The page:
At issue in Dominion Stores was an offence provision in federal legislation prescribing voluntary minimum grading standards for certain agricultural products and prohibiting anyone from applying these grade designations to products that failed to meet the minimum standards. The Court did not determine the overall validity of the federal offence provision but said that it "has no validity in relation to purely intraprovincial transactions and in that respect is ultra vires" (70) In Clark, the Court held that a limitation period in the federal Railway Act, (71) which it acknowledged "was intended to apply to common law negligence actions" (72) against railways, was invalid in respect of such actions because "a limitation provision relating to an action for personal injury caused by a railway cannot be said to be an integral part of federal jurisdiction." (73) It added, however, that the provision could be given a valid interpretation if its application were restricted to statutory causes of action created under the Railway Act: "Although Parliaments intent may not have intended [sic] to restrict the limitation provision to those causes of action specifically created by the statute, section 342(1) is capable of bearing that restricted meaning." (74) In Isen, the Court concluded that federal jurisdiction over pleasure craft under the Canada Shipping Act (75) did not extend to their owners' attempts to secure them to trailers for transport on provincial highways. As a result, the provision in the Act limiting the maximum quantum of damages payable in claims "occurring in direct connexion with the operation of [a] ship" (76) had no application when the harm resulted from the owner's careless deployment of a bungee cord in an effort to secure his boat to a trailer for highway transport. (77)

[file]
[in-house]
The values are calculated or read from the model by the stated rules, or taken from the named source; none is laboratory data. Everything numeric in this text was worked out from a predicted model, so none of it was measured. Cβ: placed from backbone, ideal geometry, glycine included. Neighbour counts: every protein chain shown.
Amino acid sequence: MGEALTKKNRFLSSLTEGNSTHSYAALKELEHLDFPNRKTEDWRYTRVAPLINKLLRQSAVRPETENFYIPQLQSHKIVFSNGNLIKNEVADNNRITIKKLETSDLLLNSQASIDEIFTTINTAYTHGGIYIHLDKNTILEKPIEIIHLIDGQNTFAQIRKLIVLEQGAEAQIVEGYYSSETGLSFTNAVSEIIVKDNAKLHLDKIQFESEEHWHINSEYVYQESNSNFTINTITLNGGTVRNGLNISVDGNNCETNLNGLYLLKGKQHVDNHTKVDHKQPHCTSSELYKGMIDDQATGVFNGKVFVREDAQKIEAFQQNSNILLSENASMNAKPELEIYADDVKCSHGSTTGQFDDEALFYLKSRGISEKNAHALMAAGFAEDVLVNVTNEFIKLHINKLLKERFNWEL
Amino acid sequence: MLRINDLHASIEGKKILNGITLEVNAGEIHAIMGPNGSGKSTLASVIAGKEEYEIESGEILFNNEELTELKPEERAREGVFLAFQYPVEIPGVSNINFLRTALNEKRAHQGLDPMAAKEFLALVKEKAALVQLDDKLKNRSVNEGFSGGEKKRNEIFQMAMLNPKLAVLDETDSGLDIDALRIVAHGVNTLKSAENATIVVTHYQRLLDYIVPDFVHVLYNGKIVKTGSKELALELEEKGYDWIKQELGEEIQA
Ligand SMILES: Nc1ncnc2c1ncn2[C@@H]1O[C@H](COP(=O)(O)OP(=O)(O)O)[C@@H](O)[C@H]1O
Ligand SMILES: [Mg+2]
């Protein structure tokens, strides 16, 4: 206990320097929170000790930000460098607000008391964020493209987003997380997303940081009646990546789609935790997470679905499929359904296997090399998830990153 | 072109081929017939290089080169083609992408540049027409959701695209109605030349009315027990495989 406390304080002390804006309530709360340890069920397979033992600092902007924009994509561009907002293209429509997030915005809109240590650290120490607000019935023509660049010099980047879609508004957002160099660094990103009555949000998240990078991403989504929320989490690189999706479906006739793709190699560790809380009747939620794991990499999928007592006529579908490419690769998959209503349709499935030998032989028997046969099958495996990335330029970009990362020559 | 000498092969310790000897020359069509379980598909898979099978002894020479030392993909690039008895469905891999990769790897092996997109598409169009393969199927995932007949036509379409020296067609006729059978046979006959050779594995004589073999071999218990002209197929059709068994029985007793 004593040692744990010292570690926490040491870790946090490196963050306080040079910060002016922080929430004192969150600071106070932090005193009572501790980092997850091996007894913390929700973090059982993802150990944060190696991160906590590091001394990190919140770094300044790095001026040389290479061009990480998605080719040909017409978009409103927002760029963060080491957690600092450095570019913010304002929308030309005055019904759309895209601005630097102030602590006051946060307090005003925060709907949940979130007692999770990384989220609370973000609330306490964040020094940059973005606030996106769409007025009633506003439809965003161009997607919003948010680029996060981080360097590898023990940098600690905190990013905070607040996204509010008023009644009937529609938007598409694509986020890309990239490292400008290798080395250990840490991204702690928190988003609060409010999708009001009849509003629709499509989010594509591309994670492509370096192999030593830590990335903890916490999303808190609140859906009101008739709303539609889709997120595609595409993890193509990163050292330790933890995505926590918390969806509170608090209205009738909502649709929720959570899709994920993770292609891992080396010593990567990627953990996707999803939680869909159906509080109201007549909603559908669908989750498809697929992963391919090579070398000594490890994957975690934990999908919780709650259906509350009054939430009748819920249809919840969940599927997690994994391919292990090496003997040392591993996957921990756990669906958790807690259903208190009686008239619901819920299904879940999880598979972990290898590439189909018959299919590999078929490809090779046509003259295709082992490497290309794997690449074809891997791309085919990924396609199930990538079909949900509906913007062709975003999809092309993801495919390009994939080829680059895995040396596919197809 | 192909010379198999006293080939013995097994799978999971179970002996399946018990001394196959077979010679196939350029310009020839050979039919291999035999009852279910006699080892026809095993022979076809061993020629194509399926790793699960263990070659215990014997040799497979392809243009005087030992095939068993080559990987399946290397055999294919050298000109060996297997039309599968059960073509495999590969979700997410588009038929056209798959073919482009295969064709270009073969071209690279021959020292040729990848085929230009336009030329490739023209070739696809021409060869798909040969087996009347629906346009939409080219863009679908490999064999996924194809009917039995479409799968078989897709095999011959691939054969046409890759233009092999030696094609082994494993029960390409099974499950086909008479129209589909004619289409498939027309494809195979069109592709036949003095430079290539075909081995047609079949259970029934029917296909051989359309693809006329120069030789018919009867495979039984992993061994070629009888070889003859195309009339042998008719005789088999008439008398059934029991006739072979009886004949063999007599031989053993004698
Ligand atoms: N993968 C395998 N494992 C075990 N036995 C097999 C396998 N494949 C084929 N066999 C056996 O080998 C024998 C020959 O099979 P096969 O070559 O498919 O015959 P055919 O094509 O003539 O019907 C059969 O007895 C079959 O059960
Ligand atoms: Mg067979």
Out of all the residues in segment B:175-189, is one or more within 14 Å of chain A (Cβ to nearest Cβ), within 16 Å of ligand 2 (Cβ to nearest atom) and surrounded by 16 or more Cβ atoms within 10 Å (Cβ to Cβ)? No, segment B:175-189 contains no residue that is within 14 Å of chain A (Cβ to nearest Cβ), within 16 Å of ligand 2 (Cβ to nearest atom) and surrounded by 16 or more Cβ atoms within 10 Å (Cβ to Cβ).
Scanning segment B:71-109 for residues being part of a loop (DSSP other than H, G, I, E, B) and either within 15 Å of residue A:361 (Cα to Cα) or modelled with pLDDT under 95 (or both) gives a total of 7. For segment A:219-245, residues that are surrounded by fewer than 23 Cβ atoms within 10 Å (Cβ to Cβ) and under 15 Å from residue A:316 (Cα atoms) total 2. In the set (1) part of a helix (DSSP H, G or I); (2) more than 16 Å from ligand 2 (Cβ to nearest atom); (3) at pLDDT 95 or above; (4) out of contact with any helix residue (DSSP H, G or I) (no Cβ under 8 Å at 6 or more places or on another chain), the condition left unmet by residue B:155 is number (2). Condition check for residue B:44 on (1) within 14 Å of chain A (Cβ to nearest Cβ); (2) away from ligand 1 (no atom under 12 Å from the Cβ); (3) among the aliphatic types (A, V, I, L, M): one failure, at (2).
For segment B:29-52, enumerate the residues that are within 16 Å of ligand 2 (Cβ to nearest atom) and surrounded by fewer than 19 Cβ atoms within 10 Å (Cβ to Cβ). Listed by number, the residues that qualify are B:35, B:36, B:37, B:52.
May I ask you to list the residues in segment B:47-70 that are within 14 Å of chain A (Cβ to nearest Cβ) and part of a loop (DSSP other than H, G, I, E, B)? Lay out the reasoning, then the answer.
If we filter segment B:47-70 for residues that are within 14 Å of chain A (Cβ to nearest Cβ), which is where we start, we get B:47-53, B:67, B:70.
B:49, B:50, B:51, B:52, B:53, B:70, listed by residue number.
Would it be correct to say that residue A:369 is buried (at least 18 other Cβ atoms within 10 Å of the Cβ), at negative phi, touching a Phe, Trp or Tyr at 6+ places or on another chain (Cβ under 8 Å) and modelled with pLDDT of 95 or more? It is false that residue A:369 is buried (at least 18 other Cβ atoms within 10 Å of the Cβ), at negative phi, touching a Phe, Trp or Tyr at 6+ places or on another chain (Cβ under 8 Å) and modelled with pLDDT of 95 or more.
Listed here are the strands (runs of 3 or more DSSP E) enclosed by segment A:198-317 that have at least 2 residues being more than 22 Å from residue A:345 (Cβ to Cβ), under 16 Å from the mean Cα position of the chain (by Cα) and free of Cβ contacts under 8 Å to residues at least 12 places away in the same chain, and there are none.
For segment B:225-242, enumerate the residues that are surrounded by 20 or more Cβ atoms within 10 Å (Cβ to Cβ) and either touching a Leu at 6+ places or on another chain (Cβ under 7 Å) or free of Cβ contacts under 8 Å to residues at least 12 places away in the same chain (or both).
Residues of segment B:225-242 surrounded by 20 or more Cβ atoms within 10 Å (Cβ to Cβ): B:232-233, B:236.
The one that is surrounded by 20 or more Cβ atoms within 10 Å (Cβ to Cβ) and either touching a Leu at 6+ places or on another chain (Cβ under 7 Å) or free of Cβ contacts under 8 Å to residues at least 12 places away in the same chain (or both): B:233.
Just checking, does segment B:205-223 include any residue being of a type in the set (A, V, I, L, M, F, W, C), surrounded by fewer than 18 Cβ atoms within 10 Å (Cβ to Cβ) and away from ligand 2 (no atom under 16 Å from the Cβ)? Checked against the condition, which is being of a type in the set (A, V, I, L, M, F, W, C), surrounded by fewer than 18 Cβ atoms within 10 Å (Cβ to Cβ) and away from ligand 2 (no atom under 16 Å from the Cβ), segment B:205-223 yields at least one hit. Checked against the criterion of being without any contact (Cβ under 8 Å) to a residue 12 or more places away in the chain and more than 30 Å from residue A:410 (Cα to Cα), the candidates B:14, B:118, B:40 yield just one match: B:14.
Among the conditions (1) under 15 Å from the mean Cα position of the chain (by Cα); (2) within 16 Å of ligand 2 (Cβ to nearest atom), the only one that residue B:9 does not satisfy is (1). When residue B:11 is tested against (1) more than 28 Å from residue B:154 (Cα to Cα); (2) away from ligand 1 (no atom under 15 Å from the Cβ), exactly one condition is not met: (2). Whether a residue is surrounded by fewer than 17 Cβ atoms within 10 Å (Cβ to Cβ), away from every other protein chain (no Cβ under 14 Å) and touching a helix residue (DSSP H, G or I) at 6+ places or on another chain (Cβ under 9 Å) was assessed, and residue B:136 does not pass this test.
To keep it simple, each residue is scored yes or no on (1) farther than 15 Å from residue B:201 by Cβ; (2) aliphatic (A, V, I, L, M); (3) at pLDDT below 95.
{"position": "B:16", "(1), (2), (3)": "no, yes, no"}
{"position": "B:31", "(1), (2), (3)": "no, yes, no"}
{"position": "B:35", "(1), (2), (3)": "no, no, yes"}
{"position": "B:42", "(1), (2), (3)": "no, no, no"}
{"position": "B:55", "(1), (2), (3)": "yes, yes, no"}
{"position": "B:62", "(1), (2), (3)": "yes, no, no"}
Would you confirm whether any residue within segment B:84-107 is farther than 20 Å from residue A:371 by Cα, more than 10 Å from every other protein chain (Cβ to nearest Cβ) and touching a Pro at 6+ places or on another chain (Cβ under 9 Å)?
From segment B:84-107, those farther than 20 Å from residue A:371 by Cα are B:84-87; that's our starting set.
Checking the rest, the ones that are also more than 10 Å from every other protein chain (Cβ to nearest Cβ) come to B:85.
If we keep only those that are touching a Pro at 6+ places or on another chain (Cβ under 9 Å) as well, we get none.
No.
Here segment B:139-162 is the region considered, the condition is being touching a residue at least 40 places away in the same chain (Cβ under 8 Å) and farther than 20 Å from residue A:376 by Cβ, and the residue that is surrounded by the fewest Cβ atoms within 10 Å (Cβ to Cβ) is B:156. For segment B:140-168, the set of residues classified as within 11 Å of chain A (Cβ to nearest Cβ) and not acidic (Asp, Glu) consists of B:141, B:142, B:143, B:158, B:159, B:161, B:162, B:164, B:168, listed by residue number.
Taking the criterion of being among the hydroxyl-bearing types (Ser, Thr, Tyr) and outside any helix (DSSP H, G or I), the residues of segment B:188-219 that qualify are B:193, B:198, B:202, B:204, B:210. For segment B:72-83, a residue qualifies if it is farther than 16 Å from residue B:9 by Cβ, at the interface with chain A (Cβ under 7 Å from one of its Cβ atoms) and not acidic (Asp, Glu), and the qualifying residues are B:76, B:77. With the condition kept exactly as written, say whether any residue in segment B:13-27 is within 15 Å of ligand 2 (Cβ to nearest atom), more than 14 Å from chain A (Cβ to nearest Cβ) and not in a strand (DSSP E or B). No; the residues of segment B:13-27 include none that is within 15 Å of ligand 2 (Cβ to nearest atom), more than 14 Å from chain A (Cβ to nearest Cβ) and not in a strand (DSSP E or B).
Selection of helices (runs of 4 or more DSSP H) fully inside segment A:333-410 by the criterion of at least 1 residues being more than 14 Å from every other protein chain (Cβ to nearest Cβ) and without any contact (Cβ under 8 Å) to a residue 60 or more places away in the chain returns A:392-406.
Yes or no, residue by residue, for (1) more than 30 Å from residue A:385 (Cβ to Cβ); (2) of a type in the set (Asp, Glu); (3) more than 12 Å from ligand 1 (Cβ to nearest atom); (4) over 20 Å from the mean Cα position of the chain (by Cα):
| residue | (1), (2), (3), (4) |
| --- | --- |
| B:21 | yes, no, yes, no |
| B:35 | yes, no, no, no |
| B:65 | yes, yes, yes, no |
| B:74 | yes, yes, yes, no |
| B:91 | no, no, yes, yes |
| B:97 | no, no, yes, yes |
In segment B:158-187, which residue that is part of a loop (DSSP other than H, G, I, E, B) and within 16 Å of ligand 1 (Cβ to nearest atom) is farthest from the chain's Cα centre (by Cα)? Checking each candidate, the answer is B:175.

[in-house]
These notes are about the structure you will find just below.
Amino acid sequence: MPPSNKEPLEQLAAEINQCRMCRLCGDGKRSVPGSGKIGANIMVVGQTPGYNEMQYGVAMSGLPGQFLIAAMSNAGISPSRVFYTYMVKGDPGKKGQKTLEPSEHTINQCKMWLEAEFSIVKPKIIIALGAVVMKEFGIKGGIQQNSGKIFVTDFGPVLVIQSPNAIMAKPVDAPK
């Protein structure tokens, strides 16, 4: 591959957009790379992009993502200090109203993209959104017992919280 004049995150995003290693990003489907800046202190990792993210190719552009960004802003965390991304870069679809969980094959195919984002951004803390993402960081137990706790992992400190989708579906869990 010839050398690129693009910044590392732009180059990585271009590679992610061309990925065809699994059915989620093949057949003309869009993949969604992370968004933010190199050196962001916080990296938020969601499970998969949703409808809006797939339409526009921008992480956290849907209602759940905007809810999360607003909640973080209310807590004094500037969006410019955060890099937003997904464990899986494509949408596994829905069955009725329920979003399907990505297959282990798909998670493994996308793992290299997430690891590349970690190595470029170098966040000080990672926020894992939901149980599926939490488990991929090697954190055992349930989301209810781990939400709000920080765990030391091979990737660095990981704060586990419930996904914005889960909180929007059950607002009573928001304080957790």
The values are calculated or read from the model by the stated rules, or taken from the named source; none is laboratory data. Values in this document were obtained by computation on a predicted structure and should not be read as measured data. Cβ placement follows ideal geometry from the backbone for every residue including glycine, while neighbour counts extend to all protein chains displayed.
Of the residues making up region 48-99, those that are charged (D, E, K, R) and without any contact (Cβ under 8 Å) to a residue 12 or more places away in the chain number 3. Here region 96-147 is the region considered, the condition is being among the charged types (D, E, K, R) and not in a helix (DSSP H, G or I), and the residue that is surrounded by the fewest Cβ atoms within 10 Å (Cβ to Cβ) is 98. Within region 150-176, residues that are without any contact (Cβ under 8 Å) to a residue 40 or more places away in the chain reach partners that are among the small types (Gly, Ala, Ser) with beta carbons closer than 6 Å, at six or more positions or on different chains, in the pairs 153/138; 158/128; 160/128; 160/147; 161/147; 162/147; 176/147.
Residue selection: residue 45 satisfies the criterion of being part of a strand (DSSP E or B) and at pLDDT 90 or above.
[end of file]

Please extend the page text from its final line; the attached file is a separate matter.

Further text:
The Court's approach in these decisions, Clark especially, certainly resembles a typical IJI analysis, albeit in reverse. It's interesting, though, that the Court seems not to have recognized, or to have chosen to label, as IJI what it was doing in these cases. (78) This fact, and the paucity of case law available in support of reciprocal IJI, invites conjecture that the Supreme Court's current apparent preference for reciprocity is based on something other than precedent.